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Length Overall Barrel Length Weight  Caliber Action Type Magazine capacity
4 3/4" 2 1/2 inches 15 oz. .25 A.C.P. Recoil Semi 6
    Please, don't give me any grief about this. Yes, I do own a Raven, one of the classic Saturday Night Specials. Actually, this is THE Saturday Night Special. At the peak of their popularity, during the seventies and eighties, these guns were selling for $50-$75 each. I remember wholesale deals where I, as a dealer, was offered three or even four of the little beasts for $100. This kind of thing greatly disturbs some people, particularly our friends the liberals, because it makes guns available to every one, even the poor, of whom liberals claim to be such a friend. Easy availability of any thing which promotes freedom and independence (guns, automobiles, money, certain computer and radio equipment) greatly disturbs liberals, because it weakens the hold of the centralization of power and resources, of which they have grown so fond. Interestingly, liberals are quite strong supporters of the easy availability of anything which will tend to weaken or destroy people as individuals, or allow them to shirk personal responsibility (drugs, pornography, abortion, government handouts, goofy social programs, brainwashing disguised as "social education" or "cultural diversity").
    Don't misinterpret what I am saying here. I do not consider this to be a fine gun or a great social tool, and I certainly do not consider the men who design, manufacture, and market these dreadful little guns to be great altruists, selflessly toiling to bring the freedom of the Second Amendment to the masses. What they have done is exploit a market niche. There are people who do not have a lot of money to spend, and who have decided they need to take advantage of the Second Amendment right to own a firearm. Those who wish to ban cheap little guns like these are in essence saying that these people have no right under the Second Amendment to own a gun. These guns are not unsafe, they are not especially deadly. The main objection that their detractors have against them is their cheapness. Apparently only the wealthy, and the government should be able to own guns.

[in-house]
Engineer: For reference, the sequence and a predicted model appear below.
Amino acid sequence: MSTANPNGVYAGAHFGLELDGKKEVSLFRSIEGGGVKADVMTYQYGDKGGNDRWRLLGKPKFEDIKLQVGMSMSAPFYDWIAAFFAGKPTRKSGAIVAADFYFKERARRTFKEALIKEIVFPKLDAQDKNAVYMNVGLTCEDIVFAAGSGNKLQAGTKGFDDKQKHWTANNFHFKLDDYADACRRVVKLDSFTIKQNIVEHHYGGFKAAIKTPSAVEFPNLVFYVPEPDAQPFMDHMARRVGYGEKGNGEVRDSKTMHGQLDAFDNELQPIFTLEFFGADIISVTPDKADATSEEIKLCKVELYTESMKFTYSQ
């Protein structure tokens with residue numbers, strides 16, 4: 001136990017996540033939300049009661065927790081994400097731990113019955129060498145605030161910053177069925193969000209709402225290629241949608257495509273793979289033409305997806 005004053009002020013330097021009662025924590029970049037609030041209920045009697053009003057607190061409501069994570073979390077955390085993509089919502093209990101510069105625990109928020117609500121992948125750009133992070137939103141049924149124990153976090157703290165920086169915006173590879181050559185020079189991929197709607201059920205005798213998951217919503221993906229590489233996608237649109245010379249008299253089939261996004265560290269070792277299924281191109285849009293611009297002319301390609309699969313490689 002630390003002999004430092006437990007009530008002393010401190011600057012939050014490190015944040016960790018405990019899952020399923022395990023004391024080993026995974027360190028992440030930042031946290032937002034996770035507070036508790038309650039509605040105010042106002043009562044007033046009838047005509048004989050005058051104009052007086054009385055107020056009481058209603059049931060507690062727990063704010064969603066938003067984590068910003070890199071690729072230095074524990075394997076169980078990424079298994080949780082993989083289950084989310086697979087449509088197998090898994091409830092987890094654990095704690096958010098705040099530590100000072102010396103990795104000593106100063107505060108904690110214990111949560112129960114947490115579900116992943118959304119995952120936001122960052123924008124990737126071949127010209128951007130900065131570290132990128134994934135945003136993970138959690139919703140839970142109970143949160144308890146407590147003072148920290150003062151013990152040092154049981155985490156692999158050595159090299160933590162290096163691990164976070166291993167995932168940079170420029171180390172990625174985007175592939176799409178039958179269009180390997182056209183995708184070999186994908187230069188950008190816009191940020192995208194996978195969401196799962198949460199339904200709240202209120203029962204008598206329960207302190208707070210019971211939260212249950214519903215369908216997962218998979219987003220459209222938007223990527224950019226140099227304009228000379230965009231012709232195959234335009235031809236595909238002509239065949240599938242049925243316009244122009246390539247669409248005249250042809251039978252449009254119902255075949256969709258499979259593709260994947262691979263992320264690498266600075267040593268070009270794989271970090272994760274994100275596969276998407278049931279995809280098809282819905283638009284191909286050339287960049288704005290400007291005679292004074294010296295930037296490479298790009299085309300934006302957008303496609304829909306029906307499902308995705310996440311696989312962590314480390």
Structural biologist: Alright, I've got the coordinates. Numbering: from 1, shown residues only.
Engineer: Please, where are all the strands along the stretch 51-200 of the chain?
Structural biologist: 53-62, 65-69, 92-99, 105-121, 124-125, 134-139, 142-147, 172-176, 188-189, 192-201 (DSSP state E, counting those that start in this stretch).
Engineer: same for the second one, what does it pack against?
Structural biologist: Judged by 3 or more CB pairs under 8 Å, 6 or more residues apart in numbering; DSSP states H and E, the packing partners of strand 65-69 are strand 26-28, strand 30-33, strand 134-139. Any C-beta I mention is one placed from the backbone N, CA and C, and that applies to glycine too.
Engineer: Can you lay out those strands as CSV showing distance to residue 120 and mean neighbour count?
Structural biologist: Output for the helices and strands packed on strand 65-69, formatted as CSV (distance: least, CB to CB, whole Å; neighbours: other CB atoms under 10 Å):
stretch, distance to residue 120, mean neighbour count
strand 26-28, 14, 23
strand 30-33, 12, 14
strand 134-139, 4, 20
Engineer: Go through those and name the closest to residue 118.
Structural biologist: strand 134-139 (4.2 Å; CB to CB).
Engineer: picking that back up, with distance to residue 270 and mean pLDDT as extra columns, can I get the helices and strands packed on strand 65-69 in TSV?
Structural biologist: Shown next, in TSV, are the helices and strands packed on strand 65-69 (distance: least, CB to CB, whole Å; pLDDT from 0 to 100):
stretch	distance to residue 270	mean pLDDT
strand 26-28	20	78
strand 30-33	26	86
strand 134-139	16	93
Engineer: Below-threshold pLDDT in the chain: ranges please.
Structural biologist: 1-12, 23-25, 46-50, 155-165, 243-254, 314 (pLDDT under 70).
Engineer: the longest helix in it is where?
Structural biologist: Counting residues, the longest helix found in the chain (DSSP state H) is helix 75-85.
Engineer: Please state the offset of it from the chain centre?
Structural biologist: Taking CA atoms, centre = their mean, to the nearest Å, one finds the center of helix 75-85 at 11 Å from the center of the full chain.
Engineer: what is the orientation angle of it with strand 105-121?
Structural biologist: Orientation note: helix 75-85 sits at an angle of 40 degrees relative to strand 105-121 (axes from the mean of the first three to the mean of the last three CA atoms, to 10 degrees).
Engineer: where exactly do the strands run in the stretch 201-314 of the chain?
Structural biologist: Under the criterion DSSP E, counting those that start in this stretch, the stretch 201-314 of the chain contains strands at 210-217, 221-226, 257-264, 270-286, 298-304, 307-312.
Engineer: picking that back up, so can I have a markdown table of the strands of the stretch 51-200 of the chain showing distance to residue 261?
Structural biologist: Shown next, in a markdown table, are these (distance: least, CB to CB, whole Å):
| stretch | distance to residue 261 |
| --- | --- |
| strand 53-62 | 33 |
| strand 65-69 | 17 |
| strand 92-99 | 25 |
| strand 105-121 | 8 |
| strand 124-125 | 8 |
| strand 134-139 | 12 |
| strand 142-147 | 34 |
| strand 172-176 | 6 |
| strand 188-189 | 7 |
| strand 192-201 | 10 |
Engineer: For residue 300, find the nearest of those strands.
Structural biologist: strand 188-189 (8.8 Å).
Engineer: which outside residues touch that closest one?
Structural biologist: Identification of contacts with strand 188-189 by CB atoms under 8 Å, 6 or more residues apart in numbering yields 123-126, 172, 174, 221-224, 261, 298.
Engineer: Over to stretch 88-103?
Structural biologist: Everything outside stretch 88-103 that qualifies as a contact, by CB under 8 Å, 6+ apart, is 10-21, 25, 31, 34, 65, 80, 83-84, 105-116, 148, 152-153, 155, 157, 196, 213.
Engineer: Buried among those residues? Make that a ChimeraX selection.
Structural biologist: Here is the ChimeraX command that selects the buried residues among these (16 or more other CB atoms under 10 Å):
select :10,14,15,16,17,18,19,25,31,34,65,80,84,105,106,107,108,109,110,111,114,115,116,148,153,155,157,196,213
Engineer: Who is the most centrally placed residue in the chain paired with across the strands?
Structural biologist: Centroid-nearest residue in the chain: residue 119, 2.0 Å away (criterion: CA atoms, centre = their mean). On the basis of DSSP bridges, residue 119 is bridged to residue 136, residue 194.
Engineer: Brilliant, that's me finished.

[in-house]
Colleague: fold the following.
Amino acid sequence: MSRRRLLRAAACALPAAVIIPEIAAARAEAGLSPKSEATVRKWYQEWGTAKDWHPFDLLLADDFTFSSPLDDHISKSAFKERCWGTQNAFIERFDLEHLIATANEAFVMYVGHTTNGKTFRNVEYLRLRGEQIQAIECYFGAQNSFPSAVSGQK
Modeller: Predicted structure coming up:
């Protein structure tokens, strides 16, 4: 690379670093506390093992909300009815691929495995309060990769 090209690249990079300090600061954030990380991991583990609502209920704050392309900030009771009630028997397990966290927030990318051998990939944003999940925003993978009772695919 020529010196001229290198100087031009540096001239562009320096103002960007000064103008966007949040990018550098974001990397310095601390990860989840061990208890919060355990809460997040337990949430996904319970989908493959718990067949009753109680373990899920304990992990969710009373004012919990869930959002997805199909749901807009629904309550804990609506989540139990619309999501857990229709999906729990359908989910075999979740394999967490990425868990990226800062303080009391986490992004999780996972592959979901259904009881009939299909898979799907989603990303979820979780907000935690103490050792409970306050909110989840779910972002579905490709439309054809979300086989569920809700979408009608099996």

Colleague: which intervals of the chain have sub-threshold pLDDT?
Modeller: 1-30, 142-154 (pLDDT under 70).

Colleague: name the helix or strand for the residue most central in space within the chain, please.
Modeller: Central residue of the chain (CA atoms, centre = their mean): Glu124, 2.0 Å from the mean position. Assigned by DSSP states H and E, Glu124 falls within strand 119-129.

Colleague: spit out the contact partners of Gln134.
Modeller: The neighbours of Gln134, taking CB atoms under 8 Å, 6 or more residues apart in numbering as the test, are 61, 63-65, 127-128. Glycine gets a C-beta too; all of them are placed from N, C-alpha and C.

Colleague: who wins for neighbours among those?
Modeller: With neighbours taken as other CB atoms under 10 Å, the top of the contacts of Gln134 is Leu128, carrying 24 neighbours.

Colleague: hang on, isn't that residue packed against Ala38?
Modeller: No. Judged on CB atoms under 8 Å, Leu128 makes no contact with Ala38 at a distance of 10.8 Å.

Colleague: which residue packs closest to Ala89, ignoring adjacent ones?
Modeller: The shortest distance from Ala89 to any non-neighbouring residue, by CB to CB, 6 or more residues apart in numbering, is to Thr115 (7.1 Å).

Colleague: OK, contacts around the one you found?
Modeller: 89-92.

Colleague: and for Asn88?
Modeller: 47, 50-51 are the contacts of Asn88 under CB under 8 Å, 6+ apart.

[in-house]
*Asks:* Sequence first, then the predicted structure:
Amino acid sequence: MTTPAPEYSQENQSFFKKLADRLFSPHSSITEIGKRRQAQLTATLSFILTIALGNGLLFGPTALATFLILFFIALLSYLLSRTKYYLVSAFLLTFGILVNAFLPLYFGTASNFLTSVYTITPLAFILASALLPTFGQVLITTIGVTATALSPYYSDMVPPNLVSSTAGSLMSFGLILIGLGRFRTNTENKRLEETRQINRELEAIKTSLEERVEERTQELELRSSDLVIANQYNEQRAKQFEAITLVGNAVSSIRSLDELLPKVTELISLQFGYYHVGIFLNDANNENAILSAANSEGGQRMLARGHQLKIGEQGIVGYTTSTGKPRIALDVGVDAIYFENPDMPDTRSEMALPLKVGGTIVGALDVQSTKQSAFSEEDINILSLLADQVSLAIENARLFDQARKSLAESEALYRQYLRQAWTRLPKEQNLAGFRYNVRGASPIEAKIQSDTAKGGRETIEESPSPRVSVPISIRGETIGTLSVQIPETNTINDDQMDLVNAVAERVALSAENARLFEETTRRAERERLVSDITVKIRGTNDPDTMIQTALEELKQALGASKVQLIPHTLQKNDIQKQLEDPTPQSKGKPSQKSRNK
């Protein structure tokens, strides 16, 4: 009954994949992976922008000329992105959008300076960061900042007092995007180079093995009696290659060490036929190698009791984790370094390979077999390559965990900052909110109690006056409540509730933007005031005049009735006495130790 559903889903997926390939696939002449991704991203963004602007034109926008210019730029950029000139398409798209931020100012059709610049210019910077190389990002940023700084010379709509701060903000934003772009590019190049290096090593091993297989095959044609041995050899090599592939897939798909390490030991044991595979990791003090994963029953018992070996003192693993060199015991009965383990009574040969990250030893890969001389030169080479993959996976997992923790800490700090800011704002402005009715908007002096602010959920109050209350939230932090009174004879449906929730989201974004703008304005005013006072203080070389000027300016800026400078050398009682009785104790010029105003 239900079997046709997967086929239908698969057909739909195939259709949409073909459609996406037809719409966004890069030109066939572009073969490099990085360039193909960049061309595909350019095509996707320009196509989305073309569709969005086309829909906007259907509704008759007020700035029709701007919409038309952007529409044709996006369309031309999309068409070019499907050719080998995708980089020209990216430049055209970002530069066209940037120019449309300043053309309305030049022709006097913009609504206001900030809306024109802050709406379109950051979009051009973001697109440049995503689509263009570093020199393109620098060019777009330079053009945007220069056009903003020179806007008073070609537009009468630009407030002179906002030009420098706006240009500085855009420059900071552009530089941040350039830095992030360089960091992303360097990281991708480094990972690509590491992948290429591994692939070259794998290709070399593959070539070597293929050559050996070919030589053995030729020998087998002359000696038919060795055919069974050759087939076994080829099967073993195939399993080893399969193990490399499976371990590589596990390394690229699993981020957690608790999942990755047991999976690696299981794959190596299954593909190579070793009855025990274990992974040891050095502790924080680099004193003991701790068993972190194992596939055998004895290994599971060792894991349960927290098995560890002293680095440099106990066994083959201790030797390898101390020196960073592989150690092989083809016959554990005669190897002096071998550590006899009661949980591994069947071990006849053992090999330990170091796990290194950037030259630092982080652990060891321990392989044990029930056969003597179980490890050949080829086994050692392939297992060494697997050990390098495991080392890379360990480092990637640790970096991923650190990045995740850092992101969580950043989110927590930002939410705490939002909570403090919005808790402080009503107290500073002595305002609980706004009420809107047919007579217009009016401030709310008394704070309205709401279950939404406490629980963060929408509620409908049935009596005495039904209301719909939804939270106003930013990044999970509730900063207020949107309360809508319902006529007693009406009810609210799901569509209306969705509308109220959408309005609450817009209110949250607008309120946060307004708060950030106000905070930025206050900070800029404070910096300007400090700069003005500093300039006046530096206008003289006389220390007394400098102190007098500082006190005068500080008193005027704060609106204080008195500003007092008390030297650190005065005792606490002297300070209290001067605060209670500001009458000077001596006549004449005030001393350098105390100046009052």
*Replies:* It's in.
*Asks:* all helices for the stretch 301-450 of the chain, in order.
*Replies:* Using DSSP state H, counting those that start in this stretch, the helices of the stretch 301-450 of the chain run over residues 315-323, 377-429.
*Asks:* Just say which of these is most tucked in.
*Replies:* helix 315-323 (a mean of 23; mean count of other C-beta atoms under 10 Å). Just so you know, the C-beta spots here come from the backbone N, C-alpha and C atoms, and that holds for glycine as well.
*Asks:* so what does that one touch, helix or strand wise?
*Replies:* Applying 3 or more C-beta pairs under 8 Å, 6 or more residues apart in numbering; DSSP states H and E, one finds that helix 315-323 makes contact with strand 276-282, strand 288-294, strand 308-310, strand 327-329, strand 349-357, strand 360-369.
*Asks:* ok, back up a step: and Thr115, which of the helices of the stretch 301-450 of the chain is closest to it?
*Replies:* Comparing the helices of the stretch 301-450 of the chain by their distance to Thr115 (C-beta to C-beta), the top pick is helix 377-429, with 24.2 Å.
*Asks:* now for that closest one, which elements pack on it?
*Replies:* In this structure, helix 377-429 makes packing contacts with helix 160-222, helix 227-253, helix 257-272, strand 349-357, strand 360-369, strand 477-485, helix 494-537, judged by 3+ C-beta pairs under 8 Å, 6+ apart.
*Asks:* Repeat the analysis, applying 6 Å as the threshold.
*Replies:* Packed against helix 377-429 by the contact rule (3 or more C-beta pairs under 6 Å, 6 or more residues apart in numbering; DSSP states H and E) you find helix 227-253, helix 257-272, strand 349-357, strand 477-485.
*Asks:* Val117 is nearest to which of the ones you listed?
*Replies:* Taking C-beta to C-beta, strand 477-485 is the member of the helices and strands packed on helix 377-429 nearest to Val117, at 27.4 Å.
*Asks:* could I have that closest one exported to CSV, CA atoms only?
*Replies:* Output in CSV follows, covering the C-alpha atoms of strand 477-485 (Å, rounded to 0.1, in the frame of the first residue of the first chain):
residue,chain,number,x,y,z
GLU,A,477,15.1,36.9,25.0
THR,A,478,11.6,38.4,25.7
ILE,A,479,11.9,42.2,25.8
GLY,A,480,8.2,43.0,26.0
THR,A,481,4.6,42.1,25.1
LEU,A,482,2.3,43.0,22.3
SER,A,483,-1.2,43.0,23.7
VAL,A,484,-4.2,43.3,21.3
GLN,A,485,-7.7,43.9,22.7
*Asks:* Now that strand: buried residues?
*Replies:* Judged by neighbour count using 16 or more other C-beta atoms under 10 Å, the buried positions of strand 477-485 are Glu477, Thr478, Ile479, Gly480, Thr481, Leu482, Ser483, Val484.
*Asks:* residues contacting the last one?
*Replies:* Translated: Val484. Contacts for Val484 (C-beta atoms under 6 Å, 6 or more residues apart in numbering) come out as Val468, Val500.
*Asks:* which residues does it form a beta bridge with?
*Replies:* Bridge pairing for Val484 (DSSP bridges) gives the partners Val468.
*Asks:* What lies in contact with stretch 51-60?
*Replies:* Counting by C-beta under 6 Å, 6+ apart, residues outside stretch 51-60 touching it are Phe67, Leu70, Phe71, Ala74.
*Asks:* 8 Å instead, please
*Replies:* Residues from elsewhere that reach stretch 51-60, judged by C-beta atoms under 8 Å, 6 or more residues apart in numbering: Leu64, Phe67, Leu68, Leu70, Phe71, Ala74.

Well enough of the soap box; after going on about what a symbol of freedom these cheap little chunks of metal are, I must admit that I do not care for this whole class of firearms. The raven is a blocky, clunky little gun with no sophistication, little accuracy, and little power. It is made of a zinc alloy, and will not rust. It is also, as much as I hate to admit it, very reliable. I have yet to see this gun misfire a single time. Much of this is due to the choice of caliber, the .25 auto, and the loose manufacturing  tolerances. I do not care for this caliber because of it's low power and relatively high cost. Most of the cheap little autos out there, which are collectively known as Saturday Night Specials, use this round rather than the better .22 rimfire, because the .25, with it's extraction groove, and central primer, is much more forgiving of design and manufacturing problems than is the .22. A cheaply made gun in .22 would be much more likely to jam, or misfire than the same weapon chambered in the .25. Other factors which add to the dependability of this gun are the simple design, and loose tolerances used. It is striker fired and has the recoil spring wrapped around the barrel in the manner of the Walther. Take down, and cleaning are very simple. The gun is not tight and is not very accurate, though with the small sights and short sighting radius, it is not likely that accurate shooting would be possible even if the gun was tightened up.